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China’s government hit out at EU steel anti-dumping penalties on Tuesday, saying it would defend Chinese business and denied it was exporting its own overcapacity problems as critics have suggested.
Gao Hucheng, minister of commerce, told a press conference in Beijing that overcapacity in the metals industry was not just a Chinese problem. “Steel oversupply is a global problem and a global problem requires collaborative efforts by all countries,” he said.
“China safeguards the right to defend Chinese businesses in accordance with the rules of the World Trade Organisation,” he added, in an apparent threat to impose tit-for-tat penalties.
“Consumers and some other businesses benefit from the lower prices, so let us make the point that this is purely market behaviour, not the behaviour of the Chinese government or the EU governments.”
Brussels has imposed tariffs on a type of steel from China to try to defend Europe’s manufacturers from a flood of cheap imports.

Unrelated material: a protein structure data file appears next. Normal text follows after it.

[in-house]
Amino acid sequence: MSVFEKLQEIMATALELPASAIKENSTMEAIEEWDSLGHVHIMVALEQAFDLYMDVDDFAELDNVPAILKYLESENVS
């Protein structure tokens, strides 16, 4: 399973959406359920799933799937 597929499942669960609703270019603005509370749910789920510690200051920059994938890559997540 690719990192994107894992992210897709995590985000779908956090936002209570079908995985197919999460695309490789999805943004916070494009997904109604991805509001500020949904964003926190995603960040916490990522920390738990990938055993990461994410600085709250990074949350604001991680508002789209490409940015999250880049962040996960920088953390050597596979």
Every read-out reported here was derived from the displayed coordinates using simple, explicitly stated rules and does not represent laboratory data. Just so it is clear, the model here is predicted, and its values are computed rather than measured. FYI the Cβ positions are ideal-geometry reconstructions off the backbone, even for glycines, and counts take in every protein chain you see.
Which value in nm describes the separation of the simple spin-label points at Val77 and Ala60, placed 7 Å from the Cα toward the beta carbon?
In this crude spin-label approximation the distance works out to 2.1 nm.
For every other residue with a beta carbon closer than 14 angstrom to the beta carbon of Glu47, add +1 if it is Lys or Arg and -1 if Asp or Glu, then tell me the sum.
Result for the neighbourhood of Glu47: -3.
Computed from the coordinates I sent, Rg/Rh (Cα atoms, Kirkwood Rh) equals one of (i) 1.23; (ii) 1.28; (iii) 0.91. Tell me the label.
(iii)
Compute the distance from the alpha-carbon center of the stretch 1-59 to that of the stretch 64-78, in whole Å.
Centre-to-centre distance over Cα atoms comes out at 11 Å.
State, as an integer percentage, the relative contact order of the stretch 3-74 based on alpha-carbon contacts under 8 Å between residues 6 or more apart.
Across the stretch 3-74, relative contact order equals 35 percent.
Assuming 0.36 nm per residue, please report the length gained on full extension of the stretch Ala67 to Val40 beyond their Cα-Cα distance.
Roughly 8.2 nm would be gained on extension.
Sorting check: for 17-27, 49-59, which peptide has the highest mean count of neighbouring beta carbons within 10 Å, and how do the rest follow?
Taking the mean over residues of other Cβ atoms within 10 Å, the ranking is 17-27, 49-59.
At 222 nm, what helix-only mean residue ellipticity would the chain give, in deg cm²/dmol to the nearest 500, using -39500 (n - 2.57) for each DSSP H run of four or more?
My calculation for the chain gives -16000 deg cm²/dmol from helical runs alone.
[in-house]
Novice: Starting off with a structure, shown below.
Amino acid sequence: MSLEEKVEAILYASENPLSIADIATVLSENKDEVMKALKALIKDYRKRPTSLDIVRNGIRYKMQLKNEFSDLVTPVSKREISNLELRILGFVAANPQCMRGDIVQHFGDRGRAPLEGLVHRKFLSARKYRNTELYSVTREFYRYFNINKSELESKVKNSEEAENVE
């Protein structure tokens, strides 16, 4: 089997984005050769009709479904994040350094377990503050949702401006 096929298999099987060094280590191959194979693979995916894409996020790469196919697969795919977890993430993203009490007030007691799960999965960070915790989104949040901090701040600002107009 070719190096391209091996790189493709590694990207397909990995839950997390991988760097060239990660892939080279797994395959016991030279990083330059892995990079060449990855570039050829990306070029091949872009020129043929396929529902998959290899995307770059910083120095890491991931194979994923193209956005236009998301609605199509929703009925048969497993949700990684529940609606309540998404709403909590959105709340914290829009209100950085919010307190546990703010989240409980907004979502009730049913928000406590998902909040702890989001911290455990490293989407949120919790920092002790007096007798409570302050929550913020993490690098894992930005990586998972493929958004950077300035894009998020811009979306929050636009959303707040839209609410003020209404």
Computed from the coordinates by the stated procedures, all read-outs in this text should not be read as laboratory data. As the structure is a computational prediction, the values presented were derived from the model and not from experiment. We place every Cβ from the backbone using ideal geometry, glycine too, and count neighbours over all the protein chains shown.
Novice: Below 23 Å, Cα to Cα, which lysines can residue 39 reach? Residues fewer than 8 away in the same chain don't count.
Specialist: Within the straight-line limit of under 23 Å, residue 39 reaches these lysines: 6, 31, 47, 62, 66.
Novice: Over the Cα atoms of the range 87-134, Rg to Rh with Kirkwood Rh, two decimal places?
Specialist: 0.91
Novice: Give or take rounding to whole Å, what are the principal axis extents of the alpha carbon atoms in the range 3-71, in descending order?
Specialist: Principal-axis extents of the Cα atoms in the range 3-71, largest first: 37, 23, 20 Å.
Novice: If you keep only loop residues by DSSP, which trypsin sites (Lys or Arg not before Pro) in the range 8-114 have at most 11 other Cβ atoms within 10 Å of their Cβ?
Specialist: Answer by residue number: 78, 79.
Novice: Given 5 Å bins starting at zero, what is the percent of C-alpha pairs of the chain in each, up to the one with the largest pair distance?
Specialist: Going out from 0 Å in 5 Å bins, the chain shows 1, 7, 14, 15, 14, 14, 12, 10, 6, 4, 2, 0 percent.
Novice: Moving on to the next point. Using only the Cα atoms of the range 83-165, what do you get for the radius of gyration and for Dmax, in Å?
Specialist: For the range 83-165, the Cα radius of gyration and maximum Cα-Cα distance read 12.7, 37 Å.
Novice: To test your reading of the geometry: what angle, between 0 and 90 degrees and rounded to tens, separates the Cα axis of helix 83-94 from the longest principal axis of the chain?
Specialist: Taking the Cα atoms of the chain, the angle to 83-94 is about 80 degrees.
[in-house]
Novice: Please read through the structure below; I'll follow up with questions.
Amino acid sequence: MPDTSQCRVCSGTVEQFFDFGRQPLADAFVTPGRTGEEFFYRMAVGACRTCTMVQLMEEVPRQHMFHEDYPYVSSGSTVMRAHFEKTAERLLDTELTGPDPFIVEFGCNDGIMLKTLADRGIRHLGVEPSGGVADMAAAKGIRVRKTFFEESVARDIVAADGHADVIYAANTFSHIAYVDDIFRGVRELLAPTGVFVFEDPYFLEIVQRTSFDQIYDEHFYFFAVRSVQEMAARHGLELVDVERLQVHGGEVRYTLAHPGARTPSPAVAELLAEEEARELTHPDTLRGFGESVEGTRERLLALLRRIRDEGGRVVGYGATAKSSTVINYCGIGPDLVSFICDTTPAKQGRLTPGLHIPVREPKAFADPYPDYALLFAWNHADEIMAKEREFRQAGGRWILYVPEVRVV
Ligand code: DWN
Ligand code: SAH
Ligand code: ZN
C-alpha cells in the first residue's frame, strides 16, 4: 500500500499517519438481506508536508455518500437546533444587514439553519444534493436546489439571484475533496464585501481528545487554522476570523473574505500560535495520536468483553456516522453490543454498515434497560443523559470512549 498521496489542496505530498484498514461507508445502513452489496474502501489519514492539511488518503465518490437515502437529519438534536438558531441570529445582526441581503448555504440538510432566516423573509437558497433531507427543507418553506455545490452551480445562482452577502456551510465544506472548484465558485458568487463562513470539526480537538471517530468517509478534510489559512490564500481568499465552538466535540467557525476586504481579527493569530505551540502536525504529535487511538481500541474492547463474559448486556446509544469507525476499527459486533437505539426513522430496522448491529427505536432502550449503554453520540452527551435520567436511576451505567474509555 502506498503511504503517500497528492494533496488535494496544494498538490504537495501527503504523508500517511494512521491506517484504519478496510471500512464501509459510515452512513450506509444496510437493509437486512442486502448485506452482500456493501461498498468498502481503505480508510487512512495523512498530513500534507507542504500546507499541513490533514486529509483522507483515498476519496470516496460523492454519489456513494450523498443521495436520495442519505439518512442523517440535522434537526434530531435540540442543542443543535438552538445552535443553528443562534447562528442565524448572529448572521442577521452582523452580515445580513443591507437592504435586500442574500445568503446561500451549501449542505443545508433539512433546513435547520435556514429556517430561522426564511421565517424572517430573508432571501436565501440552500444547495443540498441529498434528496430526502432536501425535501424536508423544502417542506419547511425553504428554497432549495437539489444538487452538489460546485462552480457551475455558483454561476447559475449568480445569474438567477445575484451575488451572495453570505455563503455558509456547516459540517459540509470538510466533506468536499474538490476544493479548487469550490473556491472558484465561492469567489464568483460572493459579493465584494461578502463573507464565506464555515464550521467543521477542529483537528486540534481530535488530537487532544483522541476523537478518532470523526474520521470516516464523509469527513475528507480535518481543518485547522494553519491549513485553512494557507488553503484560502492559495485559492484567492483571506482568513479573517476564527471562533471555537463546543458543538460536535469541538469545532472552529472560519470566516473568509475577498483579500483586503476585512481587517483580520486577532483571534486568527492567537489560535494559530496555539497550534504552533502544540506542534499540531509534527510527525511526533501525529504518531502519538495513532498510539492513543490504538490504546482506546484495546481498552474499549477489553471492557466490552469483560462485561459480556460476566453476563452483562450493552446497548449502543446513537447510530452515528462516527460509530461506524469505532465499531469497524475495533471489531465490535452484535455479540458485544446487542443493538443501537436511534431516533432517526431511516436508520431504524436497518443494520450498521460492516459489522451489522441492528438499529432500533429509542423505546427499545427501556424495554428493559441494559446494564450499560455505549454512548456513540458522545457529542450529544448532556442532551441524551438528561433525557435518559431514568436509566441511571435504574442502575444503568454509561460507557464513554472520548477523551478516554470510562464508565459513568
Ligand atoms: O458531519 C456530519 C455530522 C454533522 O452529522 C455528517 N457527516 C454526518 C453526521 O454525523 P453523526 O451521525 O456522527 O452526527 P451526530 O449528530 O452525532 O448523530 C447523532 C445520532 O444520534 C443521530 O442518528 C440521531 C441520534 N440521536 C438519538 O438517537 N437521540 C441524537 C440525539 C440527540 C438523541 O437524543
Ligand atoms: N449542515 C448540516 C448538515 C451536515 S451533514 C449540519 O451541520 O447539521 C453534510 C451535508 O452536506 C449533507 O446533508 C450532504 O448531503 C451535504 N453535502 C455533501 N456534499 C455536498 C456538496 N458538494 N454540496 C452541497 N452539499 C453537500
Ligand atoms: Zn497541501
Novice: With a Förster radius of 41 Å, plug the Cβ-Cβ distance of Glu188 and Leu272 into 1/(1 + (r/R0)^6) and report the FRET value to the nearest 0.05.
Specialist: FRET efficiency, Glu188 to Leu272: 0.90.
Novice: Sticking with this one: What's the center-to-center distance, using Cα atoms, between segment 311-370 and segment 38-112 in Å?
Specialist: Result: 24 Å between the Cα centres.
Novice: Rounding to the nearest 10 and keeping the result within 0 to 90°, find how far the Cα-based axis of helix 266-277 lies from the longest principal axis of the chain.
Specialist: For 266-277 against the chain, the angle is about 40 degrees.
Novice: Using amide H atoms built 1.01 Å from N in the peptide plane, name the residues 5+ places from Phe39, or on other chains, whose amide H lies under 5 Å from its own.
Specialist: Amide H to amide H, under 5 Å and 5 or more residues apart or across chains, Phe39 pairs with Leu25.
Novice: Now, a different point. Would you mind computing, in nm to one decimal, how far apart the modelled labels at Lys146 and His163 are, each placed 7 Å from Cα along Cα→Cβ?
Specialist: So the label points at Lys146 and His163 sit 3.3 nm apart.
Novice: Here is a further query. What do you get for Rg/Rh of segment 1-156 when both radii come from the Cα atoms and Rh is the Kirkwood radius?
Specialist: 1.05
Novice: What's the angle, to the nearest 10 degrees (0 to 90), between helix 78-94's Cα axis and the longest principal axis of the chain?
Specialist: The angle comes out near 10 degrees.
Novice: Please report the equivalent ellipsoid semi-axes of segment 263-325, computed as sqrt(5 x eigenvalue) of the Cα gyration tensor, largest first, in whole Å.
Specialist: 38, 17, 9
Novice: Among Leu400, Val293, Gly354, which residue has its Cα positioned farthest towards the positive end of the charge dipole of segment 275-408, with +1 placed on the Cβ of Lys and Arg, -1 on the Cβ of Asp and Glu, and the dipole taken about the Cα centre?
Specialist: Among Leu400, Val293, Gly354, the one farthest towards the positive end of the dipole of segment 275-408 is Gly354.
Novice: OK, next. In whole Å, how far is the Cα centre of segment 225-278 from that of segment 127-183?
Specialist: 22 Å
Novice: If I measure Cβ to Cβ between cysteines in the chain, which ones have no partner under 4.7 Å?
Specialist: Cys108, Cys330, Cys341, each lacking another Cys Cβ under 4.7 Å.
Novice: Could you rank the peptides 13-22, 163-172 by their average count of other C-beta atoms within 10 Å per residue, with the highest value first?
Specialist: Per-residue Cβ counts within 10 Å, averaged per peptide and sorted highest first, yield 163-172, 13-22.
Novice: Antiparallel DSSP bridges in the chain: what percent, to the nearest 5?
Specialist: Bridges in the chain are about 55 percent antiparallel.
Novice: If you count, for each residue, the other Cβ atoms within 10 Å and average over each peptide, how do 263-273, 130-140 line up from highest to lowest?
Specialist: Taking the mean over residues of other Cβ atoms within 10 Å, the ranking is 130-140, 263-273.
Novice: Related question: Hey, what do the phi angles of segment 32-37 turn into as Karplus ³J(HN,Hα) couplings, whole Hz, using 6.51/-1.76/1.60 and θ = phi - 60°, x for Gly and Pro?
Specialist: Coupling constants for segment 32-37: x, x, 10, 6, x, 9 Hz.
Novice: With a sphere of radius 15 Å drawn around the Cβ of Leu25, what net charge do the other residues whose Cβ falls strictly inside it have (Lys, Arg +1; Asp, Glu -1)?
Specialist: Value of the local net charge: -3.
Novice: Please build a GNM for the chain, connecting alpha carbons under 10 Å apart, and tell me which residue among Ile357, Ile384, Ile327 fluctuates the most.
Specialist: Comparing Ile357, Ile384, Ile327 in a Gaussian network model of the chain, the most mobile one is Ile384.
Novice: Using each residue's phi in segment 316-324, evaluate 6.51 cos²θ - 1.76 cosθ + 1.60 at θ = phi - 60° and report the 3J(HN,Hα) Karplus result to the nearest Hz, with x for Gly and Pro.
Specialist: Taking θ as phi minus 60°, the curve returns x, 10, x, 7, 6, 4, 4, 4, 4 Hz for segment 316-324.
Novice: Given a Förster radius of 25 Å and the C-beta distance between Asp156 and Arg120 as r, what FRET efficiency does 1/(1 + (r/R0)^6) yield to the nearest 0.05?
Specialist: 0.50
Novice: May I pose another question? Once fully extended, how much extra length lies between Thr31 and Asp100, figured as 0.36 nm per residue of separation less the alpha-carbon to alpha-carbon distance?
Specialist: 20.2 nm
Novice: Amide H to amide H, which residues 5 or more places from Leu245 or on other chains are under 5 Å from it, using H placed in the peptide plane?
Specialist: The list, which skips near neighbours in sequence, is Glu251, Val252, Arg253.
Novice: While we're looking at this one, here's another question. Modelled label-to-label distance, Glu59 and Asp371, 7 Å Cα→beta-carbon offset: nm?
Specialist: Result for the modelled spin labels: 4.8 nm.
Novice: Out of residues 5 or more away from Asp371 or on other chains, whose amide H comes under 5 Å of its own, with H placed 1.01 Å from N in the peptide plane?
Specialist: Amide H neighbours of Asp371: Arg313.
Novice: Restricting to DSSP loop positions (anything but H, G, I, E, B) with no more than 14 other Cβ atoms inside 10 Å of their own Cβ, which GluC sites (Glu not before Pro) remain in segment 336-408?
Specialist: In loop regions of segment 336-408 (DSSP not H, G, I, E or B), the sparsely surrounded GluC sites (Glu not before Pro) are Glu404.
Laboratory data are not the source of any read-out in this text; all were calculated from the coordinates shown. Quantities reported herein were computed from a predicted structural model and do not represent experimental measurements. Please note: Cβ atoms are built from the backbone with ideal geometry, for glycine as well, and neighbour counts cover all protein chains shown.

The EU said last month it would slap provisional duties on “high-fatigue performance reinforcement bars”, known as rebar, used in the UK and Ireland to strengthen concrete.
Steel producers worldwide accuse China of triggering a global collapse in prices by dumping its excess output — meaning selling below home market prices or the cost of production.
However, Mr Gao rejected the charge China was to blame, saying the price falls have occurred in many commodity industries, not just steel.
“It boils down to changes in global supply and demand,” he said. “Overcapacity is a pronounced problem facing all countries . . . there is still the problem of oversupply with steel and energy products and other commodities. ”
China’s steel exports rose 20 per cent to hit a record 112.4m tonnes last year.
Job losses in European steel plants have put pressure on Brussels to halt the flow of cheap Chinese steel to Europe. Last month Tata Steel announced than 1,000 job cuts, adding to the thousands already lost over the year, along with several plant closures.
This week the EU Chamber of Commerce in Beijing said in a study of Chinese industries that overcapacity in China is a growing problem.
Six out of eight industries studied by the chamber, ranging from glass to paper to steel, show signs that factories are operating at even lower rates than they were in 2009 in the immediate aftermath of the global financial crisis. In all of the industries studied, Chinese companies compete with large European businesses.
Additional reporting by Ma Fangjing